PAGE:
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Digital health technology allows a secure real-world data collection and behavioral data tracking through a smartphone app for patients and a portal for clinicians.
FREMONT, CA: The use of digital health technologies in clinical trials has accelerated considerably during the last few years due to the fame of wearables and over-the-counter devices and sensors. A few years back, only eight clinical trials used digital health technologies to help the trial. However, the numbers have increased now. It has been forecasted that by 2025, 70 percent of clinical trials will embrace digital sensors. In 2020, the COVID-19 further forced the adoption of digital health technologies in the pharmaceutical industry to guard participant safety and allow clinical trial continuity.
There is an opportunity for greater efficiency by establishing interoperability of technology systems, electronic health records, and digital data collection services to reduce the amount of source data verification needed by study monitors. This would mean that a significant portion of the data could be accessed and evaluated without human transcription and less risk of misinterpretation. Embracing these technologies into clinical research at every phase opens the possibility for reduced timelines and costs. Consequently, it is expected that firms willing to invest in digital technologies may win market share.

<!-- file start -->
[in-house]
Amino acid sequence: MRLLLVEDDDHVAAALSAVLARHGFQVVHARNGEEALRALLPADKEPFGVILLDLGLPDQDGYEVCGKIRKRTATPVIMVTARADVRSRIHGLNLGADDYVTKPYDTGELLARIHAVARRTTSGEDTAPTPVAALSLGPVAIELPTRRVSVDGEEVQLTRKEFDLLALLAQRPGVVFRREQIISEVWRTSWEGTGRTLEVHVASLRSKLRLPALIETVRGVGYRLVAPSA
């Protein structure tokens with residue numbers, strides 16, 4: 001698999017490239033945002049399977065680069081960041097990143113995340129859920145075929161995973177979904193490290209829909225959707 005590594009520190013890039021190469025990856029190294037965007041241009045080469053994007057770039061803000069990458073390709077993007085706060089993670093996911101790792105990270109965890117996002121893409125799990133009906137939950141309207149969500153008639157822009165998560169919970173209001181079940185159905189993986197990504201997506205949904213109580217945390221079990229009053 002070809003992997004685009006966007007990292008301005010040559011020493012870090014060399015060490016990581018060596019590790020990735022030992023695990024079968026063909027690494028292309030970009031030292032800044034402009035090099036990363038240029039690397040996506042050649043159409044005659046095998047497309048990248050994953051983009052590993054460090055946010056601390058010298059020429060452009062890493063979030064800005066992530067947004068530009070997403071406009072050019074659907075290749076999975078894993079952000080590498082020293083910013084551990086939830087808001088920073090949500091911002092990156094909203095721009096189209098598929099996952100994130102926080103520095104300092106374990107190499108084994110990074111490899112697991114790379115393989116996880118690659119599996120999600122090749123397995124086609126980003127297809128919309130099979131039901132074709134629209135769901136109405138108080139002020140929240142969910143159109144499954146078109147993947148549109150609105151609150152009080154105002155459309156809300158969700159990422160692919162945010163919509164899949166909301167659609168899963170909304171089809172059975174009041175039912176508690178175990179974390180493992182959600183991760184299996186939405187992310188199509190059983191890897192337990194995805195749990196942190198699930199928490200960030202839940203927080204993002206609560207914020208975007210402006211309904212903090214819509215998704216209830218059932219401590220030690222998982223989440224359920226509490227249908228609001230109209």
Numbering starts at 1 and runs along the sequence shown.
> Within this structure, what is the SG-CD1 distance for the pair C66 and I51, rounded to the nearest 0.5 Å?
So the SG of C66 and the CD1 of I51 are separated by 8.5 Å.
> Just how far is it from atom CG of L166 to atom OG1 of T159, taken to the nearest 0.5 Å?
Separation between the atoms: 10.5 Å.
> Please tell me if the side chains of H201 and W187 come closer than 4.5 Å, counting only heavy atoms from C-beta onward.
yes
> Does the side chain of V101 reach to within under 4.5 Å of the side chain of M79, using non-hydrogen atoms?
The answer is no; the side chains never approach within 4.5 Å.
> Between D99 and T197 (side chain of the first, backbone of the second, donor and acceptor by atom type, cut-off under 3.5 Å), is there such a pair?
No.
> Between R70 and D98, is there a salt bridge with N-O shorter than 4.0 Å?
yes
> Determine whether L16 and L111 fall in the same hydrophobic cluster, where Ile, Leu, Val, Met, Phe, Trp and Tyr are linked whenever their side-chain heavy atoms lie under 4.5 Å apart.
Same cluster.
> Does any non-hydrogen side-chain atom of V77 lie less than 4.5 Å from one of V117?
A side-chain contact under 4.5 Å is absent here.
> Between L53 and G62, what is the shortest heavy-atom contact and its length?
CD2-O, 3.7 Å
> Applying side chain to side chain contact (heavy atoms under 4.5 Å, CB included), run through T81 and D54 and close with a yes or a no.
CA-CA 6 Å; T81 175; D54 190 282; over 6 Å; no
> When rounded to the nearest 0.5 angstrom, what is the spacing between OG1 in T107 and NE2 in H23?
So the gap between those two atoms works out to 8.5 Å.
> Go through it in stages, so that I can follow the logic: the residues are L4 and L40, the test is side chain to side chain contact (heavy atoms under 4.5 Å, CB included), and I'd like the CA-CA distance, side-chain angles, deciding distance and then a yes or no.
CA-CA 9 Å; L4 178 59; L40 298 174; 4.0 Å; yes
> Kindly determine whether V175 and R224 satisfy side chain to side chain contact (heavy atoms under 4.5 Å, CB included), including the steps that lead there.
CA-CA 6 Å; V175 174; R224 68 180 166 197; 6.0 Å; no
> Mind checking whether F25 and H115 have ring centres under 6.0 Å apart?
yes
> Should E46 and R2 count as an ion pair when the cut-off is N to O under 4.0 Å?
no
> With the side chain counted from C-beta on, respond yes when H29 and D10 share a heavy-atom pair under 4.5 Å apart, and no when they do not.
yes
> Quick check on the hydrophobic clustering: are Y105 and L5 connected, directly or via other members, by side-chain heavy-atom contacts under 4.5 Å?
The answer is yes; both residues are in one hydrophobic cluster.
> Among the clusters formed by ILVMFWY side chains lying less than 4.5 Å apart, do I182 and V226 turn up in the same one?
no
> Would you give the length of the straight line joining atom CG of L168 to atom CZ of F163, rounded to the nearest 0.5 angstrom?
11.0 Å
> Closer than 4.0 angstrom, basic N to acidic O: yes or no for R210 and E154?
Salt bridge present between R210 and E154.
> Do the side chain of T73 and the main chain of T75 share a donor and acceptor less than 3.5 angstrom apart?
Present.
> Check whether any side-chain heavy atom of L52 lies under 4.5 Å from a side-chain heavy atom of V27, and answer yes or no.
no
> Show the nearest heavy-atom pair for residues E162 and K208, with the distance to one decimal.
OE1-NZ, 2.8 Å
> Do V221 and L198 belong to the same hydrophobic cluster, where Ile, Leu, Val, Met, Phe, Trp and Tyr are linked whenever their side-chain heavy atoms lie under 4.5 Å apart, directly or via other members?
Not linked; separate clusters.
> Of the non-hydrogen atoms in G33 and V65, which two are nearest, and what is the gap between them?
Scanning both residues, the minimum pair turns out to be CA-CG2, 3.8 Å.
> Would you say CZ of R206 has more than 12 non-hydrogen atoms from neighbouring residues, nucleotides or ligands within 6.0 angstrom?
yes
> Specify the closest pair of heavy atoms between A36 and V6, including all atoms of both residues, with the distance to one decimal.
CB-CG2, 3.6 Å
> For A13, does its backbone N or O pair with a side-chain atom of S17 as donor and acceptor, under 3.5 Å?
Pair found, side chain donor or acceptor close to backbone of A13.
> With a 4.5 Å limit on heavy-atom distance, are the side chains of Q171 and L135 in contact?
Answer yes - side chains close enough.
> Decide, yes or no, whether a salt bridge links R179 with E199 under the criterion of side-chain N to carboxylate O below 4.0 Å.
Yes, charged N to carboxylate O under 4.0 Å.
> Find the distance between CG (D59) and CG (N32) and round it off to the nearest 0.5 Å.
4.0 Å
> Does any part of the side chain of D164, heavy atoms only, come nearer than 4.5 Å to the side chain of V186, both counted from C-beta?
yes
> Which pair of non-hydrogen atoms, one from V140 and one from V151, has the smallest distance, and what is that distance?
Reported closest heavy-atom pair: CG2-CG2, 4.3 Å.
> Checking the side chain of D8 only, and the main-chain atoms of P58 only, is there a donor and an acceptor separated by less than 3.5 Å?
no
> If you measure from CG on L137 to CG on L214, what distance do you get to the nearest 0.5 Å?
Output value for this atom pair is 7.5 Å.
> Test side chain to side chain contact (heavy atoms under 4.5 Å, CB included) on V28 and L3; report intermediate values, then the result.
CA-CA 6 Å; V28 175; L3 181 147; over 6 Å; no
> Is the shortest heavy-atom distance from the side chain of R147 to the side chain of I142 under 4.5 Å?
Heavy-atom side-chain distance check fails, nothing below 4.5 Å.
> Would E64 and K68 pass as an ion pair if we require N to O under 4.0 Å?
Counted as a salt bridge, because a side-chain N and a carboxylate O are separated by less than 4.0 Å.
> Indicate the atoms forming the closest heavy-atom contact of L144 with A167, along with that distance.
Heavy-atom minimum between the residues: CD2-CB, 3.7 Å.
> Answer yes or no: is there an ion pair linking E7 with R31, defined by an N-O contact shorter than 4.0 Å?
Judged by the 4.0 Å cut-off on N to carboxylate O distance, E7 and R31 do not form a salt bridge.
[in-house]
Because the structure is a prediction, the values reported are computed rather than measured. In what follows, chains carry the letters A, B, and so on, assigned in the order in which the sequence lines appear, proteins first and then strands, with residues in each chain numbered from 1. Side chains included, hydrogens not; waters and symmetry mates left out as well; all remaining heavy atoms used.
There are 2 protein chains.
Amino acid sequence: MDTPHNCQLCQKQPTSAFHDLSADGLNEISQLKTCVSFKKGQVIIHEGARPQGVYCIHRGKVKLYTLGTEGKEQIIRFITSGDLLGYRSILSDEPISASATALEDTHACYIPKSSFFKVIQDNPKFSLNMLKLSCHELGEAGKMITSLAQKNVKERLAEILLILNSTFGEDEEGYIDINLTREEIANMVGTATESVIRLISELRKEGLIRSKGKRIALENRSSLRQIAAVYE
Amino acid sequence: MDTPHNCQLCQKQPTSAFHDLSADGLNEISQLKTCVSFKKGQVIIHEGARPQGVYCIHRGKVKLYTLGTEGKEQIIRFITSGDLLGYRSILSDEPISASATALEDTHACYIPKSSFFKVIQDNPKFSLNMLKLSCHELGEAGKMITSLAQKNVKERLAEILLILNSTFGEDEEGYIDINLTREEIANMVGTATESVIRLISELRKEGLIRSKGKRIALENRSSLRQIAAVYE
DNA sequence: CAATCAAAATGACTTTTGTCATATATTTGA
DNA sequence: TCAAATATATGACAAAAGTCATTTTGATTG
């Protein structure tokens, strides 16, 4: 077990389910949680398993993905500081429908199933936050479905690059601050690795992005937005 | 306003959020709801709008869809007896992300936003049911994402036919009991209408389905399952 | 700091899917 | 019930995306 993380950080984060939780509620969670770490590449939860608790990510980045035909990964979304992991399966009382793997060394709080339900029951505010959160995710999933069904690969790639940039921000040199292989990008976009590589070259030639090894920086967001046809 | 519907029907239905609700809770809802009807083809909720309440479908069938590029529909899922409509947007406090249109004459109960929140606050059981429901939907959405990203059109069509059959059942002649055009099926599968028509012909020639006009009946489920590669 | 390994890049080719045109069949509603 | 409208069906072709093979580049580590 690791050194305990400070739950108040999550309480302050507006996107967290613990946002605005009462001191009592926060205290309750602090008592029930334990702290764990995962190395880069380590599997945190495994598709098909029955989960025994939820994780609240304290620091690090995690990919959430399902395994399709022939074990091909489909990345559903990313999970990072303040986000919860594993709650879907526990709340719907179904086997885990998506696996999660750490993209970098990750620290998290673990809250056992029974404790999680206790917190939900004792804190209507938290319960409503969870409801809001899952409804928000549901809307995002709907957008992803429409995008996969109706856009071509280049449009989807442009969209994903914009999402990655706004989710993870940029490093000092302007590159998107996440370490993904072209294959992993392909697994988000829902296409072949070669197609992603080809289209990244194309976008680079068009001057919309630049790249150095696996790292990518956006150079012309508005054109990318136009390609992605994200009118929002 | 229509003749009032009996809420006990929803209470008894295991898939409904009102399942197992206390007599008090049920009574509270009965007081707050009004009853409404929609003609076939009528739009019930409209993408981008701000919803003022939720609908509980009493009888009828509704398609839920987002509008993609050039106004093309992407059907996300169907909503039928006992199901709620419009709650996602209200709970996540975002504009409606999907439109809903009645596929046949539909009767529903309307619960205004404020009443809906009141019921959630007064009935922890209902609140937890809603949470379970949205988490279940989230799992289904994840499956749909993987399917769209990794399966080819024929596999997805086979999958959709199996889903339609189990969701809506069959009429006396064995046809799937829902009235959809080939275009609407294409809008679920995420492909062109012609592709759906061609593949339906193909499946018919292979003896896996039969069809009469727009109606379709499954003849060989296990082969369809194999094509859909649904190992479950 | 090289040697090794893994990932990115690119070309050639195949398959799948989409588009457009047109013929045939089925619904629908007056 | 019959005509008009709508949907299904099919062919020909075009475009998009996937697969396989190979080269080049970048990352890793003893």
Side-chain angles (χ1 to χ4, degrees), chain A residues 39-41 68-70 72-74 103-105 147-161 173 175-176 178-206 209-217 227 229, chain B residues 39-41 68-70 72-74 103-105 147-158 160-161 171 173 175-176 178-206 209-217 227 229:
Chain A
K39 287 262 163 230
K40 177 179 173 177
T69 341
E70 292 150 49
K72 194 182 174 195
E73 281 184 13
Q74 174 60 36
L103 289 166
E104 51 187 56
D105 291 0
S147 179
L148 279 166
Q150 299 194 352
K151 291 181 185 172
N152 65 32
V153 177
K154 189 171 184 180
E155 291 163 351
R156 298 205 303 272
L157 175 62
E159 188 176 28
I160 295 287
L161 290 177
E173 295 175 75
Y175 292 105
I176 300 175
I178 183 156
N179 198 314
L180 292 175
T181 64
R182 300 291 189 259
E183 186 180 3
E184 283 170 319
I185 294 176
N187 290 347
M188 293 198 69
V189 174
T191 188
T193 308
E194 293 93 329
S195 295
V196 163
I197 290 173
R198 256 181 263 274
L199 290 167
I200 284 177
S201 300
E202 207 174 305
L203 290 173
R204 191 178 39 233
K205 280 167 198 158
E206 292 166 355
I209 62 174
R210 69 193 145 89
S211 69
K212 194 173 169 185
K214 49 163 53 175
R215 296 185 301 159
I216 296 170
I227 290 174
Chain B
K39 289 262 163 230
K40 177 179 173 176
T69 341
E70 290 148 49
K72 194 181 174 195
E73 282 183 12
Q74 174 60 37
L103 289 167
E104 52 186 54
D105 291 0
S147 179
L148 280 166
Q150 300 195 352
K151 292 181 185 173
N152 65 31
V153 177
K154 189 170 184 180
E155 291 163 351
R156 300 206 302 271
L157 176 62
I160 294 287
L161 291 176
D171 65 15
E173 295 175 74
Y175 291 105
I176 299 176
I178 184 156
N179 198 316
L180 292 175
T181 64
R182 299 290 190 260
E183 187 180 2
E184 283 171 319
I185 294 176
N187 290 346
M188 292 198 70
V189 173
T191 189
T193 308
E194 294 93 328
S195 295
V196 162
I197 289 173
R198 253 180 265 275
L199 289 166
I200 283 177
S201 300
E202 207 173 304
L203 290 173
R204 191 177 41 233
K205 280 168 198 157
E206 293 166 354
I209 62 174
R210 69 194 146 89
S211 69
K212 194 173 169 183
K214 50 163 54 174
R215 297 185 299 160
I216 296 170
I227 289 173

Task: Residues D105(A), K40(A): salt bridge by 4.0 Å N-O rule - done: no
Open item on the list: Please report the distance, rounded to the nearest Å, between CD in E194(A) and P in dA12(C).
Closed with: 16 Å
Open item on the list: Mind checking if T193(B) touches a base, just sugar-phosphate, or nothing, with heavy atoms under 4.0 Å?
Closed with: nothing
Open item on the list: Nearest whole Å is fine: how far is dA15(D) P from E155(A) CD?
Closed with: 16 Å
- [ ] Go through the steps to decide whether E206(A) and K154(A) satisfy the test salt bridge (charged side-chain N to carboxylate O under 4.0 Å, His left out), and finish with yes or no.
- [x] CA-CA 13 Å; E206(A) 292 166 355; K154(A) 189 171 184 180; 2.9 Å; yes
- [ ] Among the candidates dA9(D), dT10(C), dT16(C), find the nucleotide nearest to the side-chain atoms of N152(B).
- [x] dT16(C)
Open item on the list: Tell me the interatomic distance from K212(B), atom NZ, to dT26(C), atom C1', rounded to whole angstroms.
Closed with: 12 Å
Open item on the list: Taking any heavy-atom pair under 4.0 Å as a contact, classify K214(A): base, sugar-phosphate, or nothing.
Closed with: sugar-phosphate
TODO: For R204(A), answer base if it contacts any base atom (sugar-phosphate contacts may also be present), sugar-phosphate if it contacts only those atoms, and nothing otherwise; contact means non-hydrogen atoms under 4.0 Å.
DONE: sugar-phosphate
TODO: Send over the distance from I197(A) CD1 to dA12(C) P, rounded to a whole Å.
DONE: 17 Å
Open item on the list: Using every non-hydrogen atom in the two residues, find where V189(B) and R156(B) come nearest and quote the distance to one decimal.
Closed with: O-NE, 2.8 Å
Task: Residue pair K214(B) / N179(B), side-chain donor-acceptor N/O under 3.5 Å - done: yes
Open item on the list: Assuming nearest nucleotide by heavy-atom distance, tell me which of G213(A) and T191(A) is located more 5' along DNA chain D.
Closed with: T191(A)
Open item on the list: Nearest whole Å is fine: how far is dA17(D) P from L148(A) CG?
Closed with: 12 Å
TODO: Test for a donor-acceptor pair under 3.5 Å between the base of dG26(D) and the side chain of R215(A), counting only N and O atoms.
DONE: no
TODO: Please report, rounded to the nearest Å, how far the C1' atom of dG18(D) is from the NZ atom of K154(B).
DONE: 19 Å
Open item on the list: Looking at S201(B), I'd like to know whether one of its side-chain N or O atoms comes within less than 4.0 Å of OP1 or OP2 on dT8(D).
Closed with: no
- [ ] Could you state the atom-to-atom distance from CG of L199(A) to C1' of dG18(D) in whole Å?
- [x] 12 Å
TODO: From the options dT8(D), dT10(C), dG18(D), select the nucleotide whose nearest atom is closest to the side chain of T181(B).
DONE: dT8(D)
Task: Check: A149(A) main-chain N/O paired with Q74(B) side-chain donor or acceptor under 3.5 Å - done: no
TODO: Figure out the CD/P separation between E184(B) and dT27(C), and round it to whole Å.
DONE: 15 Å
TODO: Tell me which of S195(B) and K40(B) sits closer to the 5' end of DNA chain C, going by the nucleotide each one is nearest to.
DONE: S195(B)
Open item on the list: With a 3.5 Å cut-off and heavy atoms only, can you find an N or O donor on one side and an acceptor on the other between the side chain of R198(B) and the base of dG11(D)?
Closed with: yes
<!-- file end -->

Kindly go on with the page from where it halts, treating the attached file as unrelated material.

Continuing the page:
According to a study conducted, the investment return for R&D in the pharma industry has decreased from 10 percent in 2010 to 1.8 percent in 2019. This drives biotech and pharmaceutical firms' demand to transform their R&D models to enhance productivity and stay competitive. Many have already started to change from traditional trial models to agile, patient-centric processes by adopting digital health technologies to enhance patient engagement during clinical trials and gather a more rich set of data by combining real-world data collection. Real-world data is information gathered as an outcome of everyday patient care. It can be gathered from different sources, such as electronic health records, patient registries, wearables, and the sensors in smartphones.